Topics covered by the questionnaire include registration
materials, course information, advising, drop-and-add and
student ID cards. t - - -
One dart of the Questionnaire deals with students
priorities in selecting classes. Students are asked to rank
what criteria they use in selecting classes. Some
considerations might be classes which meet college
requirements, the instructor and the time the class meets.
When students register they will be asked to rank their
dasses in ordsr of preference.
If registration officials know the three classes a student
most wants each semester, they can determine which
students should have first priority in overfilled classes,
Arnold said.
Under the , current system for assigning classes to
students, "there is no way of knowing which one of those
(classes) the student has to have," Arnold said.
TasK force members hope to identify the major
registration problems and then focus on those problems,
Arnold said.
The group will wait until the questionnaires are returned
before making specific recommendations. Arnold said he
hoped questionnaires would be returned by the end of
1 No crisis too small' for Outreach service
By David Bess
"Outreach, Cathy speaking."
A caller to 472-2200 will hear a voice ready to
listen. ' never a wrong number, no matter who
The tef3phon9 number belongs to the Outreach
Center, part of the University Health Center (UHC).
Outrcech is a confidential service for students with
personl, emotional and health problems.
Outreach is "designed to help the individual
resolve a crisis, and, if possible, function even more
effectively than before the crisis," according to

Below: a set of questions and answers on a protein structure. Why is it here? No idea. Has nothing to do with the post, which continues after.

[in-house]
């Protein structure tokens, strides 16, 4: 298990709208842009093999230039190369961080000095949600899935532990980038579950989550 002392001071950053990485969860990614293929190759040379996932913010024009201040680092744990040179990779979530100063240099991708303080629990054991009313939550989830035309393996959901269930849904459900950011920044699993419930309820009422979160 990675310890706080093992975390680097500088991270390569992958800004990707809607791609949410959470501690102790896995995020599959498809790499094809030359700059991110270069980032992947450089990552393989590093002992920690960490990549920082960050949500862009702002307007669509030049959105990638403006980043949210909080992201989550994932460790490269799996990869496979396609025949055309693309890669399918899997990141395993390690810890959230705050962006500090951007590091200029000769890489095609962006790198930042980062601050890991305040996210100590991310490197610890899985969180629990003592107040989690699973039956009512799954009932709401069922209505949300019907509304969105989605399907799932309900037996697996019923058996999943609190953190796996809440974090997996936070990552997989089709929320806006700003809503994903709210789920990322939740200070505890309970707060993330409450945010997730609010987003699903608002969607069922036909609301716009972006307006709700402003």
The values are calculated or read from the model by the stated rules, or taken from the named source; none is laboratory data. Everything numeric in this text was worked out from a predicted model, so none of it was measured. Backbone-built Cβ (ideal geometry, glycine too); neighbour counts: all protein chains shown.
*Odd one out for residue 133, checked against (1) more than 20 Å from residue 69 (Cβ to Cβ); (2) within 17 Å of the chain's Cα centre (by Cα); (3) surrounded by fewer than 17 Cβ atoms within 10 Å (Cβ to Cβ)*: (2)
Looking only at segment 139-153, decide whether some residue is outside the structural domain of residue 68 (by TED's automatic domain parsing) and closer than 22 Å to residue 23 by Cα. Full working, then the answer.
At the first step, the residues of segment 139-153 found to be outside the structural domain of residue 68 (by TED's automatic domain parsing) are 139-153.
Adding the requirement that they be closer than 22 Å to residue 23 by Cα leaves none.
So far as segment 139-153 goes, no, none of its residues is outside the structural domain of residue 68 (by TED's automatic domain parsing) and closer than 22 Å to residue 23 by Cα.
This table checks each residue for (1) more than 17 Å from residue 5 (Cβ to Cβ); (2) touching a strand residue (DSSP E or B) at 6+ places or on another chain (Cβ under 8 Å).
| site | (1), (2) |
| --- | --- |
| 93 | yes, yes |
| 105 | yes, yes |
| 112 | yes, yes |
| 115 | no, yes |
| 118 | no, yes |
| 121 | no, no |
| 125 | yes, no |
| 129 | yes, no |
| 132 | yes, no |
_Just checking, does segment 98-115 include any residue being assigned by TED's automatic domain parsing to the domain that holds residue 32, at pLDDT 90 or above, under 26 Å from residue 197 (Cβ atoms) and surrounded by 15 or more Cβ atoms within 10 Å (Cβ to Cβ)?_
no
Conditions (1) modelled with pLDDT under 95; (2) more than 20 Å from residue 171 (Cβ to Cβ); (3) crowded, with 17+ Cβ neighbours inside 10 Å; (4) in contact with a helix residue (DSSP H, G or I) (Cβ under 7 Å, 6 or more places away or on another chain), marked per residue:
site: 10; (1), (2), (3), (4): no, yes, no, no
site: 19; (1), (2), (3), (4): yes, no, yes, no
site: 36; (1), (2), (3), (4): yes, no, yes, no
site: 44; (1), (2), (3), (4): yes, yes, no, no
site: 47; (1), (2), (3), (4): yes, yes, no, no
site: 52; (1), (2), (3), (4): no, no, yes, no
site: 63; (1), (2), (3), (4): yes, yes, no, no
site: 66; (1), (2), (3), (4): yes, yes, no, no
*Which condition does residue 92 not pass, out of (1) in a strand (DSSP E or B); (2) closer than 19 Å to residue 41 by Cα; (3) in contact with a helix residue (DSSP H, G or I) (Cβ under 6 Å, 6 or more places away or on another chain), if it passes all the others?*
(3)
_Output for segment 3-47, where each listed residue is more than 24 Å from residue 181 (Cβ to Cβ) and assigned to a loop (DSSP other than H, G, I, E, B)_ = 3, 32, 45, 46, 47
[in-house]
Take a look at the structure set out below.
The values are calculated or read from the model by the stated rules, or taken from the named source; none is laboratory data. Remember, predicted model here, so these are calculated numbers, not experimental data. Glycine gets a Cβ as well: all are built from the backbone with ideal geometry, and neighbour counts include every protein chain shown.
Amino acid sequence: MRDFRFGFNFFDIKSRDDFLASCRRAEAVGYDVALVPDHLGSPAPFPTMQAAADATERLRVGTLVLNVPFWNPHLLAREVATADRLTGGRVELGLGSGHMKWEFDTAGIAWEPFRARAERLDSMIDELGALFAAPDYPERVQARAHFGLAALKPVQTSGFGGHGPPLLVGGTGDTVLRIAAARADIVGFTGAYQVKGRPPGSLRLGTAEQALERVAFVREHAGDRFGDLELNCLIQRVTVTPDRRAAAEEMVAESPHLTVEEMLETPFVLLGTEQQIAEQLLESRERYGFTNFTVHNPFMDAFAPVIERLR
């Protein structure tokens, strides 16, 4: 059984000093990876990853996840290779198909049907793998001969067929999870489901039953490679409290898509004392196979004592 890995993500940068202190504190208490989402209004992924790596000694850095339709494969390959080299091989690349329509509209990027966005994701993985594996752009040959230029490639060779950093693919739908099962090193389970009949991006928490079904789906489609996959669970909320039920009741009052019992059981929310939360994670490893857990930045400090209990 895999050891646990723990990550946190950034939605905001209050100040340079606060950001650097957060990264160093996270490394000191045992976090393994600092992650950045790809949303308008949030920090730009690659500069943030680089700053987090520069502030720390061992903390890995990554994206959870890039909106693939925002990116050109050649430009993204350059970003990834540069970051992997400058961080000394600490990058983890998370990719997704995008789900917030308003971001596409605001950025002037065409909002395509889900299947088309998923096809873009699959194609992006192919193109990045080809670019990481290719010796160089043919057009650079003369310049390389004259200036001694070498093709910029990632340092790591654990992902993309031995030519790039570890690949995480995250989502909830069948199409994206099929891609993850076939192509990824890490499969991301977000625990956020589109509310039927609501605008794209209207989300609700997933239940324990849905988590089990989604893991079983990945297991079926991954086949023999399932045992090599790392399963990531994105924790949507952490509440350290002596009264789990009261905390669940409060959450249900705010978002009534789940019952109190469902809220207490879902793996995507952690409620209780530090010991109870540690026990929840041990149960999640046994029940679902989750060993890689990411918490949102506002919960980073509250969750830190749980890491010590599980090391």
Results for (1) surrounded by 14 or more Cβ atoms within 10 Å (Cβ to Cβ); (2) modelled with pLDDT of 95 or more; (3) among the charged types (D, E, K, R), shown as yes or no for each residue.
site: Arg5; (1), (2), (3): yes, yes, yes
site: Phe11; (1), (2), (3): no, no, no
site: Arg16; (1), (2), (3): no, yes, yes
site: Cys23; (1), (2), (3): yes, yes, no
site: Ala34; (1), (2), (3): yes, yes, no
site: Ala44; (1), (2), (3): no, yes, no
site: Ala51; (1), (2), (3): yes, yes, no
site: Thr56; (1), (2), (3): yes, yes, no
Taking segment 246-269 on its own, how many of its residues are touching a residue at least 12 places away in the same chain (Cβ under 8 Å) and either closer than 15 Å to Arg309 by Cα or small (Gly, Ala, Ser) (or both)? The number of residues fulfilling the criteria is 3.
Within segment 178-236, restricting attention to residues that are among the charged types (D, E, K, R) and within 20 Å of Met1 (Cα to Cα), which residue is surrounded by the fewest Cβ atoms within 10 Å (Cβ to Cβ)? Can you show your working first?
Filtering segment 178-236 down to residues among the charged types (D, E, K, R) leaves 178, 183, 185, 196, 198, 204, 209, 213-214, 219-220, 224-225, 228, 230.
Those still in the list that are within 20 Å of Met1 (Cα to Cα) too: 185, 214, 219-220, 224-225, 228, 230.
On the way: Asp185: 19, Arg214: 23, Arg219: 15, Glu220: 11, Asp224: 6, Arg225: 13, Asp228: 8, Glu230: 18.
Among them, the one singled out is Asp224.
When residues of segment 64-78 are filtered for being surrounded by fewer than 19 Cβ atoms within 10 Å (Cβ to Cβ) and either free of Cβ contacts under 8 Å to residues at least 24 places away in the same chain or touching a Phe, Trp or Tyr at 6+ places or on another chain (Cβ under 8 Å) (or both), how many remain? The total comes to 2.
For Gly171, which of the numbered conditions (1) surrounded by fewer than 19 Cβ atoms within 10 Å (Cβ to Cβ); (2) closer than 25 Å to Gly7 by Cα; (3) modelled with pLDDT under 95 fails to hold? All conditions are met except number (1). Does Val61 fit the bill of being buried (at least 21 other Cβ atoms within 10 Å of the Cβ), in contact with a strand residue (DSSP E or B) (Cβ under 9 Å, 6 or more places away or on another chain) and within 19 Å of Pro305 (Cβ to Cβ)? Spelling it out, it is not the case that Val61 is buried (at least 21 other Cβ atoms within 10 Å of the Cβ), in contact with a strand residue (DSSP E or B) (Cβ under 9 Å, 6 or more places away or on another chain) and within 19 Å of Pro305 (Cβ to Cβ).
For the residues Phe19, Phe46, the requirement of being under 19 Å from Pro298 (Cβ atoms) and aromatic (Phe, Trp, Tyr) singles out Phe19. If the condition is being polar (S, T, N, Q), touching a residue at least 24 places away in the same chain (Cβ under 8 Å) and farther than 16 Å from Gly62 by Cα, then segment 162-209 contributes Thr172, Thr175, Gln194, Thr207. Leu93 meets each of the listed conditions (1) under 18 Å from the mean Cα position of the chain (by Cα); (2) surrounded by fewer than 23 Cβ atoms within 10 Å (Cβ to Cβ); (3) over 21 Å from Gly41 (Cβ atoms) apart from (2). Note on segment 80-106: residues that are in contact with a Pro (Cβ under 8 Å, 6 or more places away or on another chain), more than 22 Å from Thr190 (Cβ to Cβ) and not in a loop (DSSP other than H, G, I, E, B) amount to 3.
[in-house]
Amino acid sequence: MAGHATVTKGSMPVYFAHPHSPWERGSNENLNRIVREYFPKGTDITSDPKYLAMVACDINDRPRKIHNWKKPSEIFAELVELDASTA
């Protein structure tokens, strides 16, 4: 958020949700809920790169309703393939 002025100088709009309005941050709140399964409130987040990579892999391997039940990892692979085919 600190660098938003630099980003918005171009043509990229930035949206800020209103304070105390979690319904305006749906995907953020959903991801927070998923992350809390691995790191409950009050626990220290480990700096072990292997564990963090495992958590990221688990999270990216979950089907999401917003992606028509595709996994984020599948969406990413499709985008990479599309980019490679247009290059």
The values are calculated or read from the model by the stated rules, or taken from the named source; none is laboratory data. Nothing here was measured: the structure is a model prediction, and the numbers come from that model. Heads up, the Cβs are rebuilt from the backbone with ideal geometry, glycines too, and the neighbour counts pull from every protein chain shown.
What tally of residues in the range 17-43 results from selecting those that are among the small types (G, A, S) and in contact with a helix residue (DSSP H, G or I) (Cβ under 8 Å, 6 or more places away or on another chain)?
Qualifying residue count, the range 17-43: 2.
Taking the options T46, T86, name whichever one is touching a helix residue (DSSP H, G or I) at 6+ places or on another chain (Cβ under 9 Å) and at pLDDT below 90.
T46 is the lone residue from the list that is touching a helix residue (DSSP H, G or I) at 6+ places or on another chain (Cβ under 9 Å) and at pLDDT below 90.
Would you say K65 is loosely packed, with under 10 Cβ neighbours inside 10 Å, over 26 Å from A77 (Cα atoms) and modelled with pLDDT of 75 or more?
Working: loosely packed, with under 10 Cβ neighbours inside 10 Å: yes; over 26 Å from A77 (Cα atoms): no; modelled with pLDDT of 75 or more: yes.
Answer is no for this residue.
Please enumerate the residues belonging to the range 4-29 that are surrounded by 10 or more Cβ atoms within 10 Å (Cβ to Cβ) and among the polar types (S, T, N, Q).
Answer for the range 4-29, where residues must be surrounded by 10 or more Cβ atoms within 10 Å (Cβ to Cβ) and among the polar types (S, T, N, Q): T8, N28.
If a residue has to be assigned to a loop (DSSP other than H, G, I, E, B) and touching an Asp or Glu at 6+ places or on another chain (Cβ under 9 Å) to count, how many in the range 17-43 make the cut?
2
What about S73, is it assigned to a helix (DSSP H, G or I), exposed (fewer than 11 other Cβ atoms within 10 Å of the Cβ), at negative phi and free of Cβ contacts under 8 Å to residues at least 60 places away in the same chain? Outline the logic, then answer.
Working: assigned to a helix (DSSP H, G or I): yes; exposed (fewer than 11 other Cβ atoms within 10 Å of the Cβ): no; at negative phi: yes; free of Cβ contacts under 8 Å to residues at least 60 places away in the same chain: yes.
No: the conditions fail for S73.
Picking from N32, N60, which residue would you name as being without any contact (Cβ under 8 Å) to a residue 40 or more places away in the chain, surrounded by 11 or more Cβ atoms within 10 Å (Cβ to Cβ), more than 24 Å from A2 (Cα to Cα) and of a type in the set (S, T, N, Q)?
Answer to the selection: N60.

Carmen Grant, developer and staff coordinator.
The word crisis has a broad interpretation, from
. "wanting to commit suicide to fueling down because
a favorite high school pin was lost," as Chuck, an
Outrrsch v.-orker, said.
Chuck explained, "No crisis is too small. It may b
that the person just doesn't know how to go about
solving his problem."
Robin, another Outreach worker, said, "Students
call for objectivity" in solving their problems.
Most people call, because "they have no one else
to talk to," Chuck added.
Outreachers are careful to explain it is a
confidential service, with no attempt made to find
out the callers' identity. Last names of Outreach
workers are withheld to increase the service's
According to Chuck, the program's major problem
is that "people often don't know it is available, or
don't view it as an alternative."
In addition to the crisis intervention services they
offer, ontreachers are trained to answer some medical
and general information questions.
Outreach began as the Crisis Health Aide program
in 1971 "with many other hot lines, free clinics, and
suicide prevention centers emerging in numerous
communities and on university campuses," Grant
Outreach is "unique because of the closeness
between paraprofessionals and professionals" in
helping to solve the callers' problems, said Sheila
Collins, one of several supervisors from the UHC
mental health staff.
Each of the 17 outreachers works five or six
5-hour shifts a month at $5 for each shift. Unless the
worker Is a trainee or "provisional," he works alone
answering the phone. The outreacher also has a,
second phone he can use to contact one of the nurses,
medical doctors or mental health staff members on
Paraprofessionals and professionals also hold
weekly meetings to discuss problems related to the
telephone service.
Special topics, such as suicidology, drugs, sexuality
and other problems are discussed at the meetings.
Having students, and not professionals, answer the
phone benefits the program.
"Many students who, otherwise, might not have
sought help do so, either because of the anonymity of
the service or because the peiion on the other end of
the line is another student and not a mental health
professional," Grant said.
Any UNL student at the sophomore level or above
see 'Outreach Page 3